Check if an Object has a Method in TypeScript

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Borislav Hadzhiev

Mon Feb 28 20222 min read

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Check if an Object has a Method in TypeScript #

To check if an object has a method in TypeScript:

  1. Mark the specific method as an optional key in the object's type.
  2. Use typeof to check if accessing the method on the object returns a value with a function type.
  3. If the typeof operator returns true, the method exists.
index.ts
interface Employee { name: string; salary: number; getSalary?: () => number; } const obj: Employee = { name: 'Alice', salary: 500, }; if (typeof obj.getSalary === 'function') { console.log(obj.getSalary()); } else { console.log('getSalary method does not exist on object'); }

Note that we used a question mark to set the method in the Employee type to optional.

This means that the getSalary property can either have a value of undefined or be a method that returns a number.

We used the typeof operator to check if the getSalary property is a method.

index.ts
console.log(typeof function () {}); // 👉️ "function"

The typeof operator returns a string that indicates the type of the specific value.

This serves as a type guard in TypeScript.

index.ts
interface Employee { name: string; salary: number; getSalary?: () => number; } const obj: Employee = { name: 'Alice', salary: 500, }; // 👇️ type is function or undefined obj.getSalary; if (typeof obj.getSalary === 'function') { // 👇️ type of obj.getSalary is function here console.log(obj.getSalary()); } else { console.log('getSalary method does not exist on object'); }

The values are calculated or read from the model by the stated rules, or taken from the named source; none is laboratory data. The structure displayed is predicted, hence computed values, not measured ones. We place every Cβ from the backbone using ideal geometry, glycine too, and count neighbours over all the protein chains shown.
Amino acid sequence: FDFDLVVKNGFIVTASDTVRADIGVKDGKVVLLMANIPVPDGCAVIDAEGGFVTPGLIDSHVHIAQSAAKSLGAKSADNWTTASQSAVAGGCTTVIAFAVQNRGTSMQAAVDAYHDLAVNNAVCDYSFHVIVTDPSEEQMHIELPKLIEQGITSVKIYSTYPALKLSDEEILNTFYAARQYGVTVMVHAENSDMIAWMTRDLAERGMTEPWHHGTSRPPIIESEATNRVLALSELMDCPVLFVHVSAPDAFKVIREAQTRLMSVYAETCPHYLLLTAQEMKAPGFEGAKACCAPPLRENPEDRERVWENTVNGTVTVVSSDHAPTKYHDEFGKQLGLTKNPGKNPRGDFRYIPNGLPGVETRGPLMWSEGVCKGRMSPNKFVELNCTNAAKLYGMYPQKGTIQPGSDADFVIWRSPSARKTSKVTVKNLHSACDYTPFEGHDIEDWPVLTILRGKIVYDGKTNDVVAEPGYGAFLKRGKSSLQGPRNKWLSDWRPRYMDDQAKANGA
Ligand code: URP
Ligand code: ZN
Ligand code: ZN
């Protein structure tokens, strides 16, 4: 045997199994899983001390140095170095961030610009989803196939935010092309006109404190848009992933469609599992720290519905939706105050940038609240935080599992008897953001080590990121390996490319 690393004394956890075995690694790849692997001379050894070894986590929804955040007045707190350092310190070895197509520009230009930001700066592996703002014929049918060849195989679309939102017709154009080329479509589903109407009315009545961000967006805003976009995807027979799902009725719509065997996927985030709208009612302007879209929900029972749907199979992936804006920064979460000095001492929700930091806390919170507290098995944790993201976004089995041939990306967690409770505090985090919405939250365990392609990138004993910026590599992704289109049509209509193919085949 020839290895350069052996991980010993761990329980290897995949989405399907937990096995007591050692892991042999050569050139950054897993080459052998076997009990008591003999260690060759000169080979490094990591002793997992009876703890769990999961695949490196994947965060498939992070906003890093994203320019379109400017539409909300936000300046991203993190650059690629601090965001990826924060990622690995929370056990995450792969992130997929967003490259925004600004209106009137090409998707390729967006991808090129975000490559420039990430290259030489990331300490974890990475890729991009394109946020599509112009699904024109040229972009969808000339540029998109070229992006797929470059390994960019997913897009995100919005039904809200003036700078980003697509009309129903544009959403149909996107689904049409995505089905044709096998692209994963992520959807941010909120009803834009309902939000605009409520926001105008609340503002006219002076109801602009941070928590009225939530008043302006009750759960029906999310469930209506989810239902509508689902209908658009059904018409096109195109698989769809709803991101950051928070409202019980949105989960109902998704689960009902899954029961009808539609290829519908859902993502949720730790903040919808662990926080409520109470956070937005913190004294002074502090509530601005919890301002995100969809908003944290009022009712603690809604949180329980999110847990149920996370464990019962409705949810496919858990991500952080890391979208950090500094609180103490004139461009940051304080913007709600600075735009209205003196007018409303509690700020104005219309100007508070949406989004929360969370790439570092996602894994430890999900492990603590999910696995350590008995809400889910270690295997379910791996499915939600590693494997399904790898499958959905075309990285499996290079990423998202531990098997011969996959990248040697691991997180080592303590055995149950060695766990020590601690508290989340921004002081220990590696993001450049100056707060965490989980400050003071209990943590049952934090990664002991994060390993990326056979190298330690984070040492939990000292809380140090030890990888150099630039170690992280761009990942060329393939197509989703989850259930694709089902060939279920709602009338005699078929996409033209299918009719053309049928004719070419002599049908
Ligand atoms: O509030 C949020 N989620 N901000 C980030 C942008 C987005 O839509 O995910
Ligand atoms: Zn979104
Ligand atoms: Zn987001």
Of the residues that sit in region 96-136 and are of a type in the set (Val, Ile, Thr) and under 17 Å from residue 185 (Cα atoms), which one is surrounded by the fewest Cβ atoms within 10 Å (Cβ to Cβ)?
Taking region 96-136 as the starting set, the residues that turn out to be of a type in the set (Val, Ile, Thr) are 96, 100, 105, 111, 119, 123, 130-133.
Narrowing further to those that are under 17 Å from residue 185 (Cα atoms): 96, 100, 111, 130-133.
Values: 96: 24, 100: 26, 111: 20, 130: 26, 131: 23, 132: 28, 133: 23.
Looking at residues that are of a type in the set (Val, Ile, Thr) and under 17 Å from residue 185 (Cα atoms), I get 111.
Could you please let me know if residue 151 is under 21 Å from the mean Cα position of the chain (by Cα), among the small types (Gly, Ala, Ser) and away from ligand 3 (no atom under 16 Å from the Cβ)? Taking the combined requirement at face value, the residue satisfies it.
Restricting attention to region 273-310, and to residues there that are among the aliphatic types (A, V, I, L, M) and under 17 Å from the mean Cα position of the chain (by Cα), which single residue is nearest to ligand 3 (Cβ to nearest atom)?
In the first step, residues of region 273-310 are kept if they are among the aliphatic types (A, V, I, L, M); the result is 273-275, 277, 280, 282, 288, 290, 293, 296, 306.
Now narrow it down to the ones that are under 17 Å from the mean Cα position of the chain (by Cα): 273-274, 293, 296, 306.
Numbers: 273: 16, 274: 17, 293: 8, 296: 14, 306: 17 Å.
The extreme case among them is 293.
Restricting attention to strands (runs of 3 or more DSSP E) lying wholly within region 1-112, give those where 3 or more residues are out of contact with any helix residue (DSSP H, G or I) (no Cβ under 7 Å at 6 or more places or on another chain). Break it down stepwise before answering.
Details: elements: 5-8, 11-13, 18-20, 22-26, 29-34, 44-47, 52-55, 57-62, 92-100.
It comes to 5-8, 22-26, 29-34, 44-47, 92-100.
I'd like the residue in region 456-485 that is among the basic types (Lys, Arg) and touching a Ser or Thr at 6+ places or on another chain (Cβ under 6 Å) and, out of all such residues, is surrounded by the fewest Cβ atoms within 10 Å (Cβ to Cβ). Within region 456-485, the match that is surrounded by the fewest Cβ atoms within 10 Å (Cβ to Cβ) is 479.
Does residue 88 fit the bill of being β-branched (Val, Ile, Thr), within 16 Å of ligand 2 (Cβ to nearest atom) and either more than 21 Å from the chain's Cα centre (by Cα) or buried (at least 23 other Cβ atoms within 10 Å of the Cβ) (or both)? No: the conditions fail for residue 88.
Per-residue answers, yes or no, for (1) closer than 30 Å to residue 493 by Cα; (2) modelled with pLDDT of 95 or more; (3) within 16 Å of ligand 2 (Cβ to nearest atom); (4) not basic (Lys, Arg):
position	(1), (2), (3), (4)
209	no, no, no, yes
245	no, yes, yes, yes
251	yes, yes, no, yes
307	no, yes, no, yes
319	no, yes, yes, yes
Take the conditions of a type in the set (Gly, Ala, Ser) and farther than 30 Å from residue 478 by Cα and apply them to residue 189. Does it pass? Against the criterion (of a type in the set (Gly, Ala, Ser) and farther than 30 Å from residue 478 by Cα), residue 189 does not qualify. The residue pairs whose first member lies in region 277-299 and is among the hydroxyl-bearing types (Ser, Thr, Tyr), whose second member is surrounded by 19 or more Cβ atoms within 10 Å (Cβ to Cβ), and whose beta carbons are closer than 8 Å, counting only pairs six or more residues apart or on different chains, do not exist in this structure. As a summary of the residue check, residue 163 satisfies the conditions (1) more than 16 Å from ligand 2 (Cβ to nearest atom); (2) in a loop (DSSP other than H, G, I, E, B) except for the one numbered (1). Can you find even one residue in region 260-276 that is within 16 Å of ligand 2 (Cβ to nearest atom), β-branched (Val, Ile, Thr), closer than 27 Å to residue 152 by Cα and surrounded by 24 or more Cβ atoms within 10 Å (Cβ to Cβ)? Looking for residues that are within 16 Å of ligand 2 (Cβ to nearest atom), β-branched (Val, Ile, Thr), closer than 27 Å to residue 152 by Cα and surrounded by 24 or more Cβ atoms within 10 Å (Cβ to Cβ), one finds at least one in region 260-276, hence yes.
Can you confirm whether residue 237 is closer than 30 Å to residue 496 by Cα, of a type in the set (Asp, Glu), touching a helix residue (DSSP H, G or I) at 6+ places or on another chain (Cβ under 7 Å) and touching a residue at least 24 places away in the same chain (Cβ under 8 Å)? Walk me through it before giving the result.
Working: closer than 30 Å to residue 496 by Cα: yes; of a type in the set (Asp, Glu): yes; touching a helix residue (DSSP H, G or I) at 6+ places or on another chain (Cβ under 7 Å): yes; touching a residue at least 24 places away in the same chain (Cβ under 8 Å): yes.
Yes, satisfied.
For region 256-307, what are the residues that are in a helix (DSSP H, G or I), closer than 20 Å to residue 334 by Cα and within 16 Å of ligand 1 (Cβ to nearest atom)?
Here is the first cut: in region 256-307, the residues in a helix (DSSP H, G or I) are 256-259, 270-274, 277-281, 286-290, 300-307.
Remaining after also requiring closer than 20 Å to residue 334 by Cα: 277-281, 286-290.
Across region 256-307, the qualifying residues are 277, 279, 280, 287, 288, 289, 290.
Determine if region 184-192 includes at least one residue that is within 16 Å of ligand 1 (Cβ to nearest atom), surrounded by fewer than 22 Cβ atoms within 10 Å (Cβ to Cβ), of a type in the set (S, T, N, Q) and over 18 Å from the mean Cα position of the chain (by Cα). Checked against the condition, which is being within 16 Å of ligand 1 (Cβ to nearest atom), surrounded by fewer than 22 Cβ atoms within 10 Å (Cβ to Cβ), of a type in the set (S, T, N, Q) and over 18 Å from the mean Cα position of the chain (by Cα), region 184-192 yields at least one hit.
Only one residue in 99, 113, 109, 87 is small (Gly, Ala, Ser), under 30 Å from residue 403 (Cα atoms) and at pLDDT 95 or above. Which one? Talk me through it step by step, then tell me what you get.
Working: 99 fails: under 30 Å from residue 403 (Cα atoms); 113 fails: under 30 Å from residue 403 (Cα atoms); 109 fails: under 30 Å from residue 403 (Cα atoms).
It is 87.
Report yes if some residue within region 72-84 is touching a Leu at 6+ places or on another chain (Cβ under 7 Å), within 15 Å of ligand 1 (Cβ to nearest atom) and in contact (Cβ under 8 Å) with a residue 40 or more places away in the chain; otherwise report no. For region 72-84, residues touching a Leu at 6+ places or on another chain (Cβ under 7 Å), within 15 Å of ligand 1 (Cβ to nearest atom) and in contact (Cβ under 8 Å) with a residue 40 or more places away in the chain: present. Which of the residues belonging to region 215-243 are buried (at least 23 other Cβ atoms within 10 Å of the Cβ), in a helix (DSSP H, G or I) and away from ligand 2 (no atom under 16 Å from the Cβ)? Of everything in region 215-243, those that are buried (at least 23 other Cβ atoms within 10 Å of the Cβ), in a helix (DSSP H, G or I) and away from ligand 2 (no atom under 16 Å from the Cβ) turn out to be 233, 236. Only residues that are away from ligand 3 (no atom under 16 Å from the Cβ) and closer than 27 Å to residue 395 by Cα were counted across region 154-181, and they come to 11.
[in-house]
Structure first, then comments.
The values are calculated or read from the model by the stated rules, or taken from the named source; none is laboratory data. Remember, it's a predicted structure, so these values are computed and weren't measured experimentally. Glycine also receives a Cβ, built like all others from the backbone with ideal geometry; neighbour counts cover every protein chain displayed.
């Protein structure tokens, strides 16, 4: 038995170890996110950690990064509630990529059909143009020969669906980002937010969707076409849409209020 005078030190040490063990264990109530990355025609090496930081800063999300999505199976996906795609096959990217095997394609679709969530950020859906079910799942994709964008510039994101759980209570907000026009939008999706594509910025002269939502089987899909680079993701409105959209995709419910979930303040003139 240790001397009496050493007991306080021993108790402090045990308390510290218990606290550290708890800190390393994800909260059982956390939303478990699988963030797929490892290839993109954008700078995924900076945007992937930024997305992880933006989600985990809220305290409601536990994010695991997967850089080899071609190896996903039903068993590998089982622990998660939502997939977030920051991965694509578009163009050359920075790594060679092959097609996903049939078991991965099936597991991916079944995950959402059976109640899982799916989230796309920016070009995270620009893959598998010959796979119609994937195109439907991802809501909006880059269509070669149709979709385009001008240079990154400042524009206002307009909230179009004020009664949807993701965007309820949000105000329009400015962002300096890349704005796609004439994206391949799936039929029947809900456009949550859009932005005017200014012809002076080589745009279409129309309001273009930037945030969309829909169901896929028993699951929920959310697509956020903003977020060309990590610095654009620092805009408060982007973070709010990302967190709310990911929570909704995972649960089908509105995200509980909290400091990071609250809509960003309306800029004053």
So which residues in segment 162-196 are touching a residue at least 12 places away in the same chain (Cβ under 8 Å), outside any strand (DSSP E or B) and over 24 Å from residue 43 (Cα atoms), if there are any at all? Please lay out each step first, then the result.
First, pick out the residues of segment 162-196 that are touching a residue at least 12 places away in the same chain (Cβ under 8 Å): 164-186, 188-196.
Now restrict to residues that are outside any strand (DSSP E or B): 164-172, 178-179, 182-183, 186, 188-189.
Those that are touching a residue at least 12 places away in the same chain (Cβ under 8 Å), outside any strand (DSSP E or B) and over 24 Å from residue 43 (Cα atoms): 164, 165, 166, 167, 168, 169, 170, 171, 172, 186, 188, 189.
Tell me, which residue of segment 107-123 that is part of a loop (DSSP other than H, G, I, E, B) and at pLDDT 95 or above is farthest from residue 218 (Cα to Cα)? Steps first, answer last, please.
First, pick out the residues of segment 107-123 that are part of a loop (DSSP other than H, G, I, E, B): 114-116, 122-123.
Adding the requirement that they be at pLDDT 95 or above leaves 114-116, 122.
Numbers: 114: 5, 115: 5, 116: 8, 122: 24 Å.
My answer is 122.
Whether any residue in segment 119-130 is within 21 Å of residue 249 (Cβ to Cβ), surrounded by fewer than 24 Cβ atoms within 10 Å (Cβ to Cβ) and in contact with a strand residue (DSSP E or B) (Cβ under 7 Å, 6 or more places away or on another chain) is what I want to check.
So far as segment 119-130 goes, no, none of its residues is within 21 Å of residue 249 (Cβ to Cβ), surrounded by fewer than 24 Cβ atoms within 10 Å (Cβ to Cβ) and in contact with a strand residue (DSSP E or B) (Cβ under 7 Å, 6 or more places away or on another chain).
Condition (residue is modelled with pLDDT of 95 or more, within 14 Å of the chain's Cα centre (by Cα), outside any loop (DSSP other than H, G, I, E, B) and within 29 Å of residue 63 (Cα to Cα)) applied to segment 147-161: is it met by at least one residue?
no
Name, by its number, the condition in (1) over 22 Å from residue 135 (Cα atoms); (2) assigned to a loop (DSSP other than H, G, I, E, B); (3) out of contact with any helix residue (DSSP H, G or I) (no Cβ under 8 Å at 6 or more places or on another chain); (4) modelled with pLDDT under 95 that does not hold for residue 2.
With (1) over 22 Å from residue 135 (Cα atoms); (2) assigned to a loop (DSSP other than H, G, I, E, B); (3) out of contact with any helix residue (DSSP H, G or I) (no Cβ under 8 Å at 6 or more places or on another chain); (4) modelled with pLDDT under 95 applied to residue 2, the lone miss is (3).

The getSalary property is optional, so it can either have a value of undefined or be a function.

In our if statement we check if the specific property has a type of function, so TypeScript knows that it can't possibly be undefined in the if block.

Here are some more examples of using the typeof operator.

index.js
console.log(typeof {}); // 👉️ "object" console.log(typeof []); // 👉️ "object" console.log(typeof null); // 👉️ "object" console.log(typeof (() => {})); // 👉️ "function" console.log(typeof ''); // 👉️ "string" console.log(typeof 0); // 👉️ "number" console.log(typeof NaN); // 👉️ "number" console.log(typeof undefined); // 👉️ "undefined"

Note that the return value from the operator is always wrapped in a string.

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